The coaching staff is chock full of Major League experience and also includes manager Lou Collier, pitching coach Tom "Flash" Gordon, and coaches Anthony Manuel, Lenny Webster and Dmitri Young.
"We wanted to have a core group of coaches that help deliver the same message year over year," Matthews said. "Really, the genesis of it started with our relationship with the Players Association and giving former players the opportunity that want to get back into the game, whether that's coaching in high school or developing their own academy."
Catcher Andreaus Lewis, from Atlanta said he's learned some valuable lessons from the vast wealth of knowledge that makes up the coaching staff.
"Me specifically, using my legs when I'm throwing, my hand placement and my stance, and just finishing out through the ball on my back swing," said Lewis, who added that his biggest takeaway is that he's a good player who still has work to do. "If I keep working and doing the right things on and off the field, I can be successful in this game."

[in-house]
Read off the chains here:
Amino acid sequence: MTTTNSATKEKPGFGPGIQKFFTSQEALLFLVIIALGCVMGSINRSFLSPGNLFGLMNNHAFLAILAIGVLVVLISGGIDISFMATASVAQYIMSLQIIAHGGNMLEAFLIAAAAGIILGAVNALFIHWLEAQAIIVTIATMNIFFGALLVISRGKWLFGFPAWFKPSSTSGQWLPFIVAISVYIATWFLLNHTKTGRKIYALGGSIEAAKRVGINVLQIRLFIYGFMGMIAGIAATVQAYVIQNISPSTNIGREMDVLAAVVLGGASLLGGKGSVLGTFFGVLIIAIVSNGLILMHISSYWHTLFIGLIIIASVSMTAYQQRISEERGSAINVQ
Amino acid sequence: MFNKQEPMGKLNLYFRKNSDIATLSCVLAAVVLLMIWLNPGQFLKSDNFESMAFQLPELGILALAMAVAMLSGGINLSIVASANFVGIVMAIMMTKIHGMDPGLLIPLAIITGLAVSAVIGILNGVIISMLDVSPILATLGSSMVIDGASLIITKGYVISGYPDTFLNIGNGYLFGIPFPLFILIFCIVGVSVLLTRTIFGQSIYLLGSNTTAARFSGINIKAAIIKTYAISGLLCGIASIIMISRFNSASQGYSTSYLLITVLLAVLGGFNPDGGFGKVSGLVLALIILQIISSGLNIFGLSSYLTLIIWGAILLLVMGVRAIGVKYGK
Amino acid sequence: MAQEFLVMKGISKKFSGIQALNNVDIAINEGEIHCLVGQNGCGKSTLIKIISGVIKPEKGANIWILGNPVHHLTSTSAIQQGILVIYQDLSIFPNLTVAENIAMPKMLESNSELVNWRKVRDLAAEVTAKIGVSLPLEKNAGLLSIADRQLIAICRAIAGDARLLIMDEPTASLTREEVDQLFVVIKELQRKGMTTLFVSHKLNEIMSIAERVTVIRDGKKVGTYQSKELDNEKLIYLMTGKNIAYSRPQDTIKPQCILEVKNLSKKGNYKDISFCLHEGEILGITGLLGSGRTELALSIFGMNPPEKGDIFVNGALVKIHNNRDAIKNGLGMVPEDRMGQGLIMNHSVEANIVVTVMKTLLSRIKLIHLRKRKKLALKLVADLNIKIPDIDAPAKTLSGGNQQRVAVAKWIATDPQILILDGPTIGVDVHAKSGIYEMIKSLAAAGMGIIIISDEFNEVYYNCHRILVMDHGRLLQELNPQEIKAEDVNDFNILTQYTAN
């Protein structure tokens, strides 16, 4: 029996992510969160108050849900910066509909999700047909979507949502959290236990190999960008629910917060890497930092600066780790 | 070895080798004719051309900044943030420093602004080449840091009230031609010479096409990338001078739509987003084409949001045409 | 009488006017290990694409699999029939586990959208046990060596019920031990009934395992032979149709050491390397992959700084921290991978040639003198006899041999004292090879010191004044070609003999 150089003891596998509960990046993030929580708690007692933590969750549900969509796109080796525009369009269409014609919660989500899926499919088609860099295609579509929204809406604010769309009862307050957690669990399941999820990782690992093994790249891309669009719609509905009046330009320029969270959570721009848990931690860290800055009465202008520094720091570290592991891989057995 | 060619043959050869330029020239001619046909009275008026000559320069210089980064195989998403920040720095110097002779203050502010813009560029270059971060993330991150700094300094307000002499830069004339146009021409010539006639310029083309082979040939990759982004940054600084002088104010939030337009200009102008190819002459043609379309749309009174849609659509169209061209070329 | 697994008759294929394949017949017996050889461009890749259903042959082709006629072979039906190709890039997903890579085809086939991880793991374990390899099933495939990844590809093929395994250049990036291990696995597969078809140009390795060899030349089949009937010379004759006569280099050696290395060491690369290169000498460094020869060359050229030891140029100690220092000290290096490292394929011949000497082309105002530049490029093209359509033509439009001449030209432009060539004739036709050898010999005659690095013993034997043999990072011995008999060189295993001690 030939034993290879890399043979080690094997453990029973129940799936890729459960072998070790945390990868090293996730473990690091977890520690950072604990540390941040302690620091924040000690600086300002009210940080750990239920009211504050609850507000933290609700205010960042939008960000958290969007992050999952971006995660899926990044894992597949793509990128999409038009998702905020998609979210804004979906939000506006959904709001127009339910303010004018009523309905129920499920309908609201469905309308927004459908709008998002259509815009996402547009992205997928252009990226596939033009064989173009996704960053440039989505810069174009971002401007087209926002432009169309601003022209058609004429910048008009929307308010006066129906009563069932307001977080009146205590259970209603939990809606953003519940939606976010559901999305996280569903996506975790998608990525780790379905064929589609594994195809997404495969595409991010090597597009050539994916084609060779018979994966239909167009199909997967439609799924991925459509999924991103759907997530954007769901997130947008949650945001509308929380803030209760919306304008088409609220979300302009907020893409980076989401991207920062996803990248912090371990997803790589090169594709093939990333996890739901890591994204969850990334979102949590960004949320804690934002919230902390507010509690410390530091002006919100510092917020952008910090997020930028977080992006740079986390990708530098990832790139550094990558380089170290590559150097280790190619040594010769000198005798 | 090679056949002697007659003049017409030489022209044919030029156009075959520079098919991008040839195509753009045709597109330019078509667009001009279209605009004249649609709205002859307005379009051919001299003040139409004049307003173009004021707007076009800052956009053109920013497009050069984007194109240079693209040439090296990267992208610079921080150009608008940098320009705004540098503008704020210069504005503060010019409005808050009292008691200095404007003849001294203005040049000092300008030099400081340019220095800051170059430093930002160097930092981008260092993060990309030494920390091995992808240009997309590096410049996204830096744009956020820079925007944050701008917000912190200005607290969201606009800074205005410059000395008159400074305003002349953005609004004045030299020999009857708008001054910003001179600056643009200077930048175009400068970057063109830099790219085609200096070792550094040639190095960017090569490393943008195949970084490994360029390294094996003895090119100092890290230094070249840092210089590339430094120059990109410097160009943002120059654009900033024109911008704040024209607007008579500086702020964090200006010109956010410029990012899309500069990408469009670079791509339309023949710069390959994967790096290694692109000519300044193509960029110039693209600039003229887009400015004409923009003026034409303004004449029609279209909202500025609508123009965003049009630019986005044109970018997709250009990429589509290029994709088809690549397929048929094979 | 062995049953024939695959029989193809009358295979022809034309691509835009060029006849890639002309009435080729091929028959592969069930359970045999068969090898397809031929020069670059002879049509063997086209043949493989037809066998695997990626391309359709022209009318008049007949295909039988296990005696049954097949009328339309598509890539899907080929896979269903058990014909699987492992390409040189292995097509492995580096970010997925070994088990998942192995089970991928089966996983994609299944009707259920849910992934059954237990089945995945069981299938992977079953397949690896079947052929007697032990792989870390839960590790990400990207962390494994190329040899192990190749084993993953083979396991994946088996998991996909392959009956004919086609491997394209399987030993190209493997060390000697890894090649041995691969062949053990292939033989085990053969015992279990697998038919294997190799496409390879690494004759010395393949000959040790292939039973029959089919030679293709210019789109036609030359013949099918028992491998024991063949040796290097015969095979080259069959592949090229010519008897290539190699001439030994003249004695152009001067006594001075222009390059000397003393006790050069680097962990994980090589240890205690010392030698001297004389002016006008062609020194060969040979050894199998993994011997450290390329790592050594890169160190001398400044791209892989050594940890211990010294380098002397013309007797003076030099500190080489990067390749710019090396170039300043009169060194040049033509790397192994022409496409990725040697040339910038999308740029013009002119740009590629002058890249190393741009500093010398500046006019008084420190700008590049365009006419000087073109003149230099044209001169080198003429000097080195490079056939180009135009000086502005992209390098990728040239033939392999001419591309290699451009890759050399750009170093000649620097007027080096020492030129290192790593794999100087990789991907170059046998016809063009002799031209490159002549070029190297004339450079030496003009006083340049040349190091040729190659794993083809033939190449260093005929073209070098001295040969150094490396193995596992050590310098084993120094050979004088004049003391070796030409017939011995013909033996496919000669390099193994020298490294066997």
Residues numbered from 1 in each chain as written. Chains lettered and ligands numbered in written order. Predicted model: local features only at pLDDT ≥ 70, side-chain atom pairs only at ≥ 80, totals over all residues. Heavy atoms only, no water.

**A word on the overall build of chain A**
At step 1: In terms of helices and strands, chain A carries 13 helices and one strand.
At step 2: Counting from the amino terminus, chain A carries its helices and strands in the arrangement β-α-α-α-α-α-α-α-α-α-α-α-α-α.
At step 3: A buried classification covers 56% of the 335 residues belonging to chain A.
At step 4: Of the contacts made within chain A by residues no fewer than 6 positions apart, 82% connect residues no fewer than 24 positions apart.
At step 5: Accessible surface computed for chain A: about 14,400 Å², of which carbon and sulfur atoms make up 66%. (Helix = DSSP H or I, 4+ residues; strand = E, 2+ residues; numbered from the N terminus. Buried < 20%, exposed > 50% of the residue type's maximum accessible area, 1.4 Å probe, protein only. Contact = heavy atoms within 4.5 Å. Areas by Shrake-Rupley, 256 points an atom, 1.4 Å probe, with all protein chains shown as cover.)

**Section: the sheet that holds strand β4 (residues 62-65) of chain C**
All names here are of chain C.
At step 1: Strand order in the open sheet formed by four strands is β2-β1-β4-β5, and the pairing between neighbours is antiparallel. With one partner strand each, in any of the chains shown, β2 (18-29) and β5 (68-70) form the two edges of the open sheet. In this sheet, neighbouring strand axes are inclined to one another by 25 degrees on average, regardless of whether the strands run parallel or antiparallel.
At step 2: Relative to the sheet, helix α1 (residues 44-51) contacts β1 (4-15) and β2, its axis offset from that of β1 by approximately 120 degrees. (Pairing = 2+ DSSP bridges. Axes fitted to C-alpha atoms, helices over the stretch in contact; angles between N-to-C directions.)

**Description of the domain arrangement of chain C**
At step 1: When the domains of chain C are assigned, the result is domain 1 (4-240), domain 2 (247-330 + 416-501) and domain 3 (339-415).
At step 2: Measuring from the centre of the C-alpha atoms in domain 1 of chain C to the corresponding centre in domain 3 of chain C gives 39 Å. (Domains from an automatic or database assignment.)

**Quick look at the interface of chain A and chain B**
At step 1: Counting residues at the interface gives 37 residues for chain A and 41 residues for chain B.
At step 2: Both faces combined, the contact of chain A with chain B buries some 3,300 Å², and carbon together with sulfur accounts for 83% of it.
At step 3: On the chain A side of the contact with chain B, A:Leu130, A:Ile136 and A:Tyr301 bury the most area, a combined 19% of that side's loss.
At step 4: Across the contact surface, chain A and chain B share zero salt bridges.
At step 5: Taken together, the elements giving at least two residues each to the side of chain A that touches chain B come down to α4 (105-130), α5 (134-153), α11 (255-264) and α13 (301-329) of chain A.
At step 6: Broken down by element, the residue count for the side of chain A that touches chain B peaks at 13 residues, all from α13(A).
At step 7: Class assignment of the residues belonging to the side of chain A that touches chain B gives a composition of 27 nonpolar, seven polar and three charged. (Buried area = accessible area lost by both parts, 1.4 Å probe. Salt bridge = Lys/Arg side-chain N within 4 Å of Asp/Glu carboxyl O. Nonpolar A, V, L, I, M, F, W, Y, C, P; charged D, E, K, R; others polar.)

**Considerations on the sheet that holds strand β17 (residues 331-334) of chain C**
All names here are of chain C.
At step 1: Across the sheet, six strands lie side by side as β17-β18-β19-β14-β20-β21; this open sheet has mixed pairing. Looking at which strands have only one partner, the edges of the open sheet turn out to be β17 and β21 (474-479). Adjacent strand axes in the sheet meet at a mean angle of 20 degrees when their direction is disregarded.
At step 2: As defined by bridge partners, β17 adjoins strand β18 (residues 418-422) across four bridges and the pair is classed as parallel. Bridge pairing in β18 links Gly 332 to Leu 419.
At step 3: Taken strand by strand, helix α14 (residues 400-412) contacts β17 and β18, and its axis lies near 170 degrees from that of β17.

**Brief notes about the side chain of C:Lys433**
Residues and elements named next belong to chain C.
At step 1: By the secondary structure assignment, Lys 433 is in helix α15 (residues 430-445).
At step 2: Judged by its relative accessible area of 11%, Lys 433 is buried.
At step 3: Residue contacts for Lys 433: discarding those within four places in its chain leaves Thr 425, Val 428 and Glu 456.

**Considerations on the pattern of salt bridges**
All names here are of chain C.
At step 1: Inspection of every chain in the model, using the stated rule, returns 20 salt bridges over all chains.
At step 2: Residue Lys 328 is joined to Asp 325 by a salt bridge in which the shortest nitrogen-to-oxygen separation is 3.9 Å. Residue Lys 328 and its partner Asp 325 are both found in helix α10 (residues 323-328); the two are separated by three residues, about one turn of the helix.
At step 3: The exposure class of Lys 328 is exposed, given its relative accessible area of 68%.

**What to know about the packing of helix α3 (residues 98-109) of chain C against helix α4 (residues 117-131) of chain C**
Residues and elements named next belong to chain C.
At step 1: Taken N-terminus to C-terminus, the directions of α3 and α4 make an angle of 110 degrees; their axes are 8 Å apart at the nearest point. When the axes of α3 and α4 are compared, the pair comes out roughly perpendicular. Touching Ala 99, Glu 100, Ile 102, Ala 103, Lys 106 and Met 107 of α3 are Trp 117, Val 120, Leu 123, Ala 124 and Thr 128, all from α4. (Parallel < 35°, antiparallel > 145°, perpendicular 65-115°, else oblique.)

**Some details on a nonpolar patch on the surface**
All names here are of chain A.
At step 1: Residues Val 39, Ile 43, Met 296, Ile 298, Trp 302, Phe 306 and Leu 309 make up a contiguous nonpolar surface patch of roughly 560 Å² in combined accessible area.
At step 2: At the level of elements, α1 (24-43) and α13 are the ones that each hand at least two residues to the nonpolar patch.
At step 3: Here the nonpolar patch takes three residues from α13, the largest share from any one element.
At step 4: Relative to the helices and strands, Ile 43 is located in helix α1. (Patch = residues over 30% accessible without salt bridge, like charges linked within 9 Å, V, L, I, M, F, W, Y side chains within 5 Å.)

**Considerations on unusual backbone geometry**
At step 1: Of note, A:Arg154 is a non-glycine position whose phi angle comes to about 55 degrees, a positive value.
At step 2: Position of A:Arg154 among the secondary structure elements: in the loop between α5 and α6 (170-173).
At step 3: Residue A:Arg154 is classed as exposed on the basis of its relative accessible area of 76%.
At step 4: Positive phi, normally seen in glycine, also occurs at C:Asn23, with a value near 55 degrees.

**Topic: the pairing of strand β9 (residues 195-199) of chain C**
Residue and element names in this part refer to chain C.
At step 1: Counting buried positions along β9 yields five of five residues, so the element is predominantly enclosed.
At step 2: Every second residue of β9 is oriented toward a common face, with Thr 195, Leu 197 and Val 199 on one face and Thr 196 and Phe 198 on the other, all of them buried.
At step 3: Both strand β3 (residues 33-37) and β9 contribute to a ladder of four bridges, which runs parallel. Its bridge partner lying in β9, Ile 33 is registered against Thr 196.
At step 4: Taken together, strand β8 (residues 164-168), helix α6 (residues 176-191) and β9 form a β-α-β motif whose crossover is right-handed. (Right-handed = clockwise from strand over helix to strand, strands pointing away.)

The team began taking shape back in Vero Beach, Fla., with the EDI program, according to Matthews.
"We had about 125 kids out there for a week," he said. "They did morning workouts, play games."
That list was narrowed down to about 40, according to Matthews. And from there, availability played a factor in coming up with the final 25.
"It's a fun process, it's the second year we've done it," Matthews said. "Everybody can't make the team, but it's been a great experience and a lot of fun to see the group come together as a team. That week we spent in Vero Beach really set the tone for this opportunity to come out here and showcase in front of college coaches and scouts to hopefully extend their baseball playing careers at the college level."
With a background in player development, Matthews recognizes the opportunity that Major League Baseball is providing through The Breakthrough Series.
"To play in a setting with coaches that have played in the Major Leagues, coaches that have been in their shoes, really gives the kids an opportunity to really feel like they have a chance to be those guys one day," said Matthews.
What are the future goals for The Breakthrough Series?
"More tournaments, more games, more kids getting into college, playing at the next level," Matthews said. "Hopefully some kids have an opportunity to get drafted. Ultimately, the more kids that we can inspire to get into college and play at the Division I level is the ultimate goal.
"Not all the kids will play at that level, but if they can develop some relationships and they're good students, develop a passion and a love for the game, then I think we're a better sport because of it."
Glenn Sattell is a contributor to MLB.com.
This story was not subject to the approval of Major League Baseball or its clubs.